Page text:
“Things we want our children to learn well, we practice with them-little league, multiplication tables. Yet on decision making, few people teach their kids how to make a decision and few people do any rehearsal or practice,” she said.

Peer Pressure Reversal teaches kids survival skills which Scott summarizes in three basic steps:

1. Check out the scene and recognize a peer pressure situation. There are signs, clues to look for. “There are peer pressure sentences-’Everybody’s doing it. It’s no big deal. Trust me,’” Scott said. “I tell kids they’ve got to be trouble detectives.”

2.Make a good decision based on logic rather than emotion. Kids know what they are supposed to do, but in the moment of decision they don’t think. “The friend only comes up with the good stuff; in their mind, kids must weigh the possible (bad) consequences,” Scott said.

3. Act to avoid trouble, Scott developed 10 different ways of handling peer pressure, and she works with kids on how to master them. “I show them a total of 10 because kids have different personalities. If you’ve got a child who’s very quiet, perhaps timid, you better teach him nonverbal ways of getting out of trouble. If you have the class clown, help that child with funny ways of getting out of trouble.”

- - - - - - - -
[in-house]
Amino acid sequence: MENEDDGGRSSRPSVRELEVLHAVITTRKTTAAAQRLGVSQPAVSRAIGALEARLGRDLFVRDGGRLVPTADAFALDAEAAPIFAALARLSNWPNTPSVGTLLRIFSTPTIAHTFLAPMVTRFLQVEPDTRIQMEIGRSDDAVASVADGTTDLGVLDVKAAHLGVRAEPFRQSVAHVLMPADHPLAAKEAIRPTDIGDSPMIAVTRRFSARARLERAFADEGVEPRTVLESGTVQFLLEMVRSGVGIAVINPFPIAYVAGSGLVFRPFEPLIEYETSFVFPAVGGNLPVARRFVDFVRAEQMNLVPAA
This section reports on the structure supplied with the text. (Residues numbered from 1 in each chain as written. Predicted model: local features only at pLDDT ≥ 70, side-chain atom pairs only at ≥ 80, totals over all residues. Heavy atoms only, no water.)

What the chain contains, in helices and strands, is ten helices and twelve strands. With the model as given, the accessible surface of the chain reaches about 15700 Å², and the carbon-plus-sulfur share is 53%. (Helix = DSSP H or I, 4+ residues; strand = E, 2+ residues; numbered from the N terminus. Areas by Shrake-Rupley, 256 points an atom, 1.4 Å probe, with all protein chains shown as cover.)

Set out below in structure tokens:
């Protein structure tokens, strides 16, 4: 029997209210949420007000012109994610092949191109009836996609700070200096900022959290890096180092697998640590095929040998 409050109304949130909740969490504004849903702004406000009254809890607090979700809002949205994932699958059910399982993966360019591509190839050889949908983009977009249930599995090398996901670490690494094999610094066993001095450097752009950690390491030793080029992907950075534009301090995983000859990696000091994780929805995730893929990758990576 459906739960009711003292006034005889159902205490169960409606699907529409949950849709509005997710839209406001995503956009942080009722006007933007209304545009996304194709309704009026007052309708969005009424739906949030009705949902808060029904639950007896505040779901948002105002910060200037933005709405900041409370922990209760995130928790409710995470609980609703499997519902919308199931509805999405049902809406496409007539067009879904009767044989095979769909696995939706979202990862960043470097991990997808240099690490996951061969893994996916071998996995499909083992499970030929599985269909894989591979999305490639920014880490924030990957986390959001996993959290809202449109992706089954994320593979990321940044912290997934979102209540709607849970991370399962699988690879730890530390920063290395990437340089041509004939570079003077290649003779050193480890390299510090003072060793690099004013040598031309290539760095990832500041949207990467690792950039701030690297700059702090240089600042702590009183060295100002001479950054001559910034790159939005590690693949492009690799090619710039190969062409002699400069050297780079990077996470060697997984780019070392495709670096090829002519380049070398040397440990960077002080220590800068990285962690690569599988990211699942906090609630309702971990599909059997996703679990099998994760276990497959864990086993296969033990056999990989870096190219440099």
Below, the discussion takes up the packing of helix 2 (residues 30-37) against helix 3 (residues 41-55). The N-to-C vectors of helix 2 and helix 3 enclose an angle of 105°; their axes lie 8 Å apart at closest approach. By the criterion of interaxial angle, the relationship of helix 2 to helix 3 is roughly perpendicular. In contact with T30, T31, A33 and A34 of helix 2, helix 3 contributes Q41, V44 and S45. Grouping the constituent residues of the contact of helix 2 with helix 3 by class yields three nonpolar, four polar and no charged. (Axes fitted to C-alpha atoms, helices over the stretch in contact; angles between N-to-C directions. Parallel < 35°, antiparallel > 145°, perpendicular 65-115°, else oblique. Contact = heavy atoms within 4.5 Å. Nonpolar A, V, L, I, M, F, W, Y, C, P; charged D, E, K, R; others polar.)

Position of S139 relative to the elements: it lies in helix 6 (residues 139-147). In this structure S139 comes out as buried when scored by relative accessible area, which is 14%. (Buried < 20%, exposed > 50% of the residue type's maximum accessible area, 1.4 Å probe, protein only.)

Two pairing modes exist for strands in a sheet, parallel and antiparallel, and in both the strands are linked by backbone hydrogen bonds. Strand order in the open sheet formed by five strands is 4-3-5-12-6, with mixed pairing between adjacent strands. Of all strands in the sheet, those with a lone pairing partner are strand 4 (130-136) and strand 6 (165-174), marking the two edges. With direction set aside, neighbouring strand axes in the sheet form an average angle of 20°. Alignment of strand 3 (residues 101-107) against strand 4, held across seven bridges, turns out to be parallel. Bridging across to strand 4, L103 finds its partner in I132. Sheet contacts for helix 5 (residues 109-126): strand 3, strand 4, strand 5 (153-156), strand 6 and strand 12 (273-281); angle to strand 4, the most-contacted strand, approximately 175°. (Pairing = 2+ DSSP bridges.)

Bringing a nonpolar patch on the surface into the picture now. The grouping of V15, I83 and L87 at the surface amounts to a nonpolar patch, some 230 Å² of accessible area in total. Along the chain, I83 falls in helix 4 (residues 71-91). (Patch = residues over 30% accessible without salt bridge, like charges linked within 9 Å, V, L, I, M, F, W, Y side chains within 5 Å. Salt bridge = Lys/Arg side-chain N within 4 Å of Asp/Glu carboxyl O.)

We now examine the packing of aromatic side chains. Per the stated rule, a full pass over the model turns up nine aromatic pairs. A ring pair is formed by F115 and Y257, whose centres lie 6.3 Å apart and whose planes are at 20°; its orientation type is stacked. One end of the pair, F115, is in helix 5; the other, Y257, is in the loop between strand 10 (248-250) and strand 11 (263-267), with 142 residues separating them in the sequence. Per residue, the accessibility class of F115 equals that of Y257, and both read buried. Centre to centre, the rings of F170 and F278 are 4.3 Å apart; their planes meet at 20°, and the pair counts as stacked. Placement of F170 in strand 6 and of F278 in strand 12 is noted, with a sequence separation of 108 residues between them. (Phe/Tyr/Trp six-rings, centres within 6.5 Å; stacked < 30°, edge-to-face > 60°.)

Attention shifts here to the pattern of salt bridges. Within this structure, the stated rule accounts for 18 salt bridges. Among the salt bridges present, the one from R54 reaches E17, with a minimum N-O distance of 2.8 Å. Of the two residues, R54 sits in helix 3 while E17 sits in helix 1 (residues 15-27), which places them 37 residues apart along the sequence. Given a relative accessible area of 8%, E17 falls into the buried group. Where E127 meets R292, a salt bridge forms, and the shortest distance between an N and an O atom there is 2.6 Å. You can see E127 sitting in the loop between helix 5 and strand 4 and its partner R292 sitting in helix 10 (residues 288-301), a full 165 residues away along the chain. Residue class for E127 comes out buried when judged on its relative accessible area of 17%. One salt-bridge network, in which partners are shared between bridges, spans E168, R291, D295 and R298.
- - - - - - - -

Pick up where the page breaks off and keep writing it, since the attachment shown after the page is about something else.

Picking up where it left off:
One Peer Pressure Reversal response is to return the challenge when a friend’s pressure gets tough, even hostile. It involves quick thinking and is best used , when the friend is saying things like “scared” or “chicken.” Throw the peer’s comments back by saying, “Scared to go by yourself?” If the peer says “no.” then say “prove it!” and walk away.

For parents, Scott offers workshops to teach them the Peer Pressure Reversal skills so that they may, in turn, teach them to their children.

“If people are your friends, they like you for who you are, not for what you do with them,” Scott said, adding that “even adults get into peer pressure situations. For example, adults are often asked to pad their expense account or have an extra drink over an afternoon business lunch.

“As adults, if we can’t say no to our peers, and as parents, if we can’t say no to our children when we need to, how are they going to learn to do it?”